In dealing with any book of the Bible, we need to distinguish between what Dr. G. Campbell Morgan calls the essentials and the incidentals. The incidentals in the Book of Jonah are the fish, the gourd, the east wind, the boat, and even the city of Nineveh. The essentials here are Jehovah and Jonah—God and man—that is what the book is all about. (Read the complete article)
[2] Book of Jonah, from (this website is also available in Afrikaans, Arabic, Bengali, Burmese-Myanmar, Cebuano, Chinese - Simplified, Chinese – Traditional, Hausa, Hindi, Indonesian, Japanese, Khmer, Korean, Malaysian, Persian-Farsi, Portuguese, Quechua, Sesotho, Spanish, Swahili, Tagalog, Tamil, Thai, Urdu, Vietnamese, Zulu, and 70 other languages)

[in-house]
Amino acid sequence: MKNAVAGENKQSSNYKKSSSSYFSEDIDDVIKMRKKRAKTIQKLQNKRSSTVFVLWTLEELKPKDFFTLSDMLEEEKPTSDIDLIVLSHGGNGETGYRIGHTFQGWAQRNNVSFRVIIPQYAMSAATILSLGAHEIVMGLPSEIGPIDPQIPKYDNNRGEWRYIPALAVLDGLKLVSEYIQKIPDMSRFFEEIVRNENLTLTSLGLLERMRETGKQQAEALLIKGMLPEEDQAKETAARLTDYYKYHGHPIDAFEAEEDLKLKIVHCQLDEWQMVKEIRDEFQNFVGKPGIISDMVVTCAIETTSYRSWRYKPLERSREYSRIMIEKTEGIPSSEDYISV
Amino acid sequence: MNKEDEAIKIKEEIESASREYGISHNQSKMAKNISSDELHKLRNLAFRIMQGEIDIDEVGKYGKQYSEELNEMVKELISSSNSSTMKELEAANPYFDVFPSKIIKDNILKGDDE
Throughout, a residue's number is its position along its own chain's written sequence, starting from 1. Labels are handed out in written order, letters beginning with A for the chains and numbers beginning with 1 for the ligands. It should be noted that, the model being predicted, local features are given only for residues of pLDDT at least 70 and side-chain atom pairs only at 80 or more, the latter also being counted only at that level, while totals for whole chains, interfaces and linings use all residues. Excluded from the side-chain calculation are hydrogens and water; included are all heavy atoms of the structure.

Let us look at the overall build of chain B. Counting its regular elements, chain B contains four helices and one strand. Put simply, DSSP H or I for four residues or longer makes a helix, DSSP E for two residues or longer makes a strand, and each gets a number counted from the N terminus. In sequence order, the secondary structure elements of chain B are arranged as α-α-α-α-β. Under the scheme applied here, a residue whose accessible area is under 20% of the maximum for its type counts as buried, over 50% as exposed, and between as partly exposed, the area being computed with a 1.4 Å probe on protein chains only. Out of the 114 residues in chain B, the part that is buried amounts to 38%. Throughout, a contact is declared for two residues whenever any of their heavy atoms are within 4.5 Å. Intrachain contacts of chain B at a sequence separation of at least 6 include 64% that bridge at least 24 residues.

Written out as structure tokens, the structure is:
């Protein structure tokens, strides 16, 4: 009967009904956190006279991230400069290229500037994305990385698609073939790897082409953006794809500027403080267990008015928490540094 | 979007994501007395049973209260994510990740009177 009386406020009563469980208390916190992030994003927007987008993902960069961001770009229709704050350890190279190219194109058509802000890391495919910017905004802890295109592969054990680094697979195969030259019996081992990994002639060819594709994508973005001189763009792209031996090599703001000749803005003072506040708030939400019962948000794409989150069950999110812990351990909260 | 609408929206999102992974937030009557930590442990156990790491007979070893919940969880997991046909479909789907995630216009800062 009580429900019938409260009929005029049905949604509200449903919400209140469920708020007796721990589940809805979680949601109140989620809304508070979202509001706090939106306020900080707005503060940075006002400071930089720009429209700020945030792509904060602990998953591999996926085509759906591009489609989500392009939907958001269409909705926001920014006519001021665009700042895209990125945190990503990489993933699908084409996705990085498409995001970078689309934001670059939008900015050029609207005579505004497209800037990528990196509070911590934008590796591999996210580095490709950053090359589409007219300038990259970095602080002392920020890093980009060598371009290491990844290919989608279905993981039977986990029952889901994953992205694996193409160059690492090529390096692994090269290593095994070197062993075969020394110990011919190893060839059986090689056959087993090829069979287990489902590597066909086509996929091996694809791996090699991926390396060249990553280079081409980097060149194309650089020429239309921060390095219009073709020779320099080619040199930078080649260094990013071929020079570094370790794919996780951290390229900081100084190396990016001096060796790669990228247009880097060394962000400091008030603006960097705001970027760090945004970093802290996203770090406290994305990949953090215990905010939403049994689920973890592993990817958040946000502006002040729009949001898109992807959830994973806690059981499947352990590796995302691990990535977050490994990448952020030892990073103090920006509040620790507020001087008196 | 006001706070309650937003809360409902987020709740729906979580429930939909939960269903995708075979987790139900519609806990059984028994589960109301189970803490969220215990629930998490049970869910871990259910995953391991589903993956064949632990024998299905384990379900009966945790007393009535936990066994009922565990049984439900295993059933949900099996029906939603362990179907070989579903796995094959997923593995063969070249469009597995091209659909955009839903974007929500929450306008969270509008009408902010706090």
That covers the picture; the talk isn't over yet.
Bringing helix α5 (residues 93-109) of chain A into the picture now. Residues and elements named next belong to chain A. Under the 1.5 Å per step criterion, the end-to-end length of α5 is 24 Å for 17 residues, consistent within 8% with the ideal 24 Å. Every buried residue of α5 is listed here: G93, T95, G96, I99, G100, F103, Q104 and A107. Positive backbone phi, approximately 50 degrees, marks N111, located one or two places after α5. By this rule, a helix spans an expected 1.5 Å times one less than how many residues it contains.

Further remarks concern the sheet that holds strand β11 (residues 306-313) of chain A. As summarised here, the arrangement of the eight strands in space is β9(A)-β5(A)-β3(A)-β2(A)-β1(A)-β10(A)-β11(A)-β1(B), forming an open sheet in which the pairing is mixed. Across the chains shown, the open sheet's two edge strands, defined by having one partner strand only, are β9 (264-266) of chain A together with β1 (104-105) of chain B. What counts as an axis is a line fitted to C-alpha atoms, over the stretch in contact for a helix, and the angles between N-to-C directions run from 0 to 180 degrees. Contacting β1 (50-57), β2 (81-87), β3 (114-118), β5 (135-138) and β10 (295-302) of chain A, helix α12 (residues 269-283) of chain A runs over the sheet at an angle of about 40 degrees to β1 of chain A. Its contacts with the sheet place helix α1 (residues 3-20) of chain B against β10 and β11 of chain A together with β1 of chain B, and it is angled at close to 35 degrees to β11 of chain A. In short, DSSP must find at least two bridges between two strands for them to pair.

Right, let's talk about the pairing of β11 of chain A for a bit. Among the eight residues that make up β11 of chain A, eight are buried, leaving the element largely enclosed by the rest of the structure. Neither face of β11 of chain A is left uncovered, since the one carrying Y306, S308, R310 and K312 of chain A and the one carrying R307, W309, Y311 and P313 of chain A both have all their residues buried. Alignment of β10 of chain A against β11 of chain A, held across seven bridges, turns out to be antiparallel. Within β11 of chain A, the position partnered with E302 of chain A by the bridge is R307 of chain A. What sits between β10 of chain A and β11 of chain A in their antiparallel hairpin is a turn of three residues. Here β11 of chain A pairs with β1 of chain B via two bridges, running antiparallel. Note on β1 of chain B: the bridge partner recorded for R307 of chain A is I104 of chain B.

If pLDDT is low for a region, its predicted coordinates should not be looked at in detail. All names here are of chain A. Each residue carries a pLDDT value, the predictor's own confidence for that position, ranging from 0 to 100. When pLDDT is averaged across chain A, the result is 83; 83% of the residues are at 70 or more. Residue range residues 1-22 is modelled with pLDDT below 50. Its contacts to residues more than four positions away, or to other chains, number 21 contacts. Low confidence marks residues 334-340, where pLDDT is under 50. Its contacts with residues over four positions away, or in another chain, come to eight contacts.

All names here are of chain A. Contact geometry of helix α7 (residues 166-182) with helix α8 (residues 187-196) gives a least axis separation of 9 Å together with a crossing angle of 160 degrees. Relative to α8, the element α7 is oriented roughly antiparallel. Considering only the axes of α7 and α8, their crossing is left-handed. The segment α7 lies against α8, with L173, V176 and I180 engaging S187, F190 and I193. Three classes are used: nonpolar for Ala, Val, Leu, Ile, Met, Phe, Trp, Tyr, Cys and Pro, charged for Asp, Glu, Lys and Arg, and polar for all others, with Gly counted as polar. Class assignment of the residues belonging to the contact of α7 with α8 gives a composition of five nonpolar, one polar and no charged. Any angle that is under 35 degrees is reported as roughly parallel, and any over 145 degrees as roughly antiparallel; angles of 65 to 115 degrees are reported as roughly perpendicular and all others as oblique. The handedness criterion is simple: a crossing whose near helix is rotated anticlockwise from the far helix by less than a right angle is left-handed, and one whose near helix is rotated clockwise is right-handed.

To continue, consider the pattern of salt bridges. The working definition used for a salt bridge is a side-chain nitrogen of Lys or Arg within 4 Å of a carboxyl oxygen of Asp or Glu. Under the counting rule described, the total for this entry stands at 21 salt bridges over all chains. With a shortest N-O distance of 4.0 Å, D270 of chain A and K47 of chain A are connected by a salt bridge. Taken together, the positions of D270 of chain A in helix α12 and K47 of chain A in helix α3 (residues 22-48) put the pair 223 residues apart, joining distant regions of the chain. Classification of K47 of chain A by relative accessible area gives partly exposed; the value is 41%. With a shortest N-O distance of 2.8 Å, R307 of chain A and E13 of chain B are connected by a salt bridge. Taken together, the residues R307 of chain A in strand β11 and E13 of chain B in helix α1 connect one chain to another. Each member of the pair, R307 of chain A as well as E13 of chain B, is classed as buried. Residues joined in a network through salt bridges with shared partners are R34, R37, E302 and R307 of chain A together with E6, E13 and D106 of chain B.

Jonah’s fear and pride cause him to run from God. He does not wish to go to Nineveh to preach repentance to the people, as God has commanded, because he feels they are his enemies, and he is convinced that God will not carry out his threat to destroy the city. Instead he boards a ship for Tarshish, which is in the opposite direction. Soon a raging storm causes the crew to cast lots and determine that Jonah is the problem. They throw him overboard, and he is swallowed by a great fish. In its belly for 3 days and 3 nights, Jonah repents of his sin to God, and the fish vomits him up on dry land (we wonder what took him so long to repent). Jonah then makes the 500-mile trip to Nineveh and leads the city in a great revival. But the prophet is displeased (actually pouts) instead of being thankful when Nineveh repents. Jonah learns his lesson, however, when God uses a wind, a gourd and a worm to teach him that He is merciful. (Read the complete article)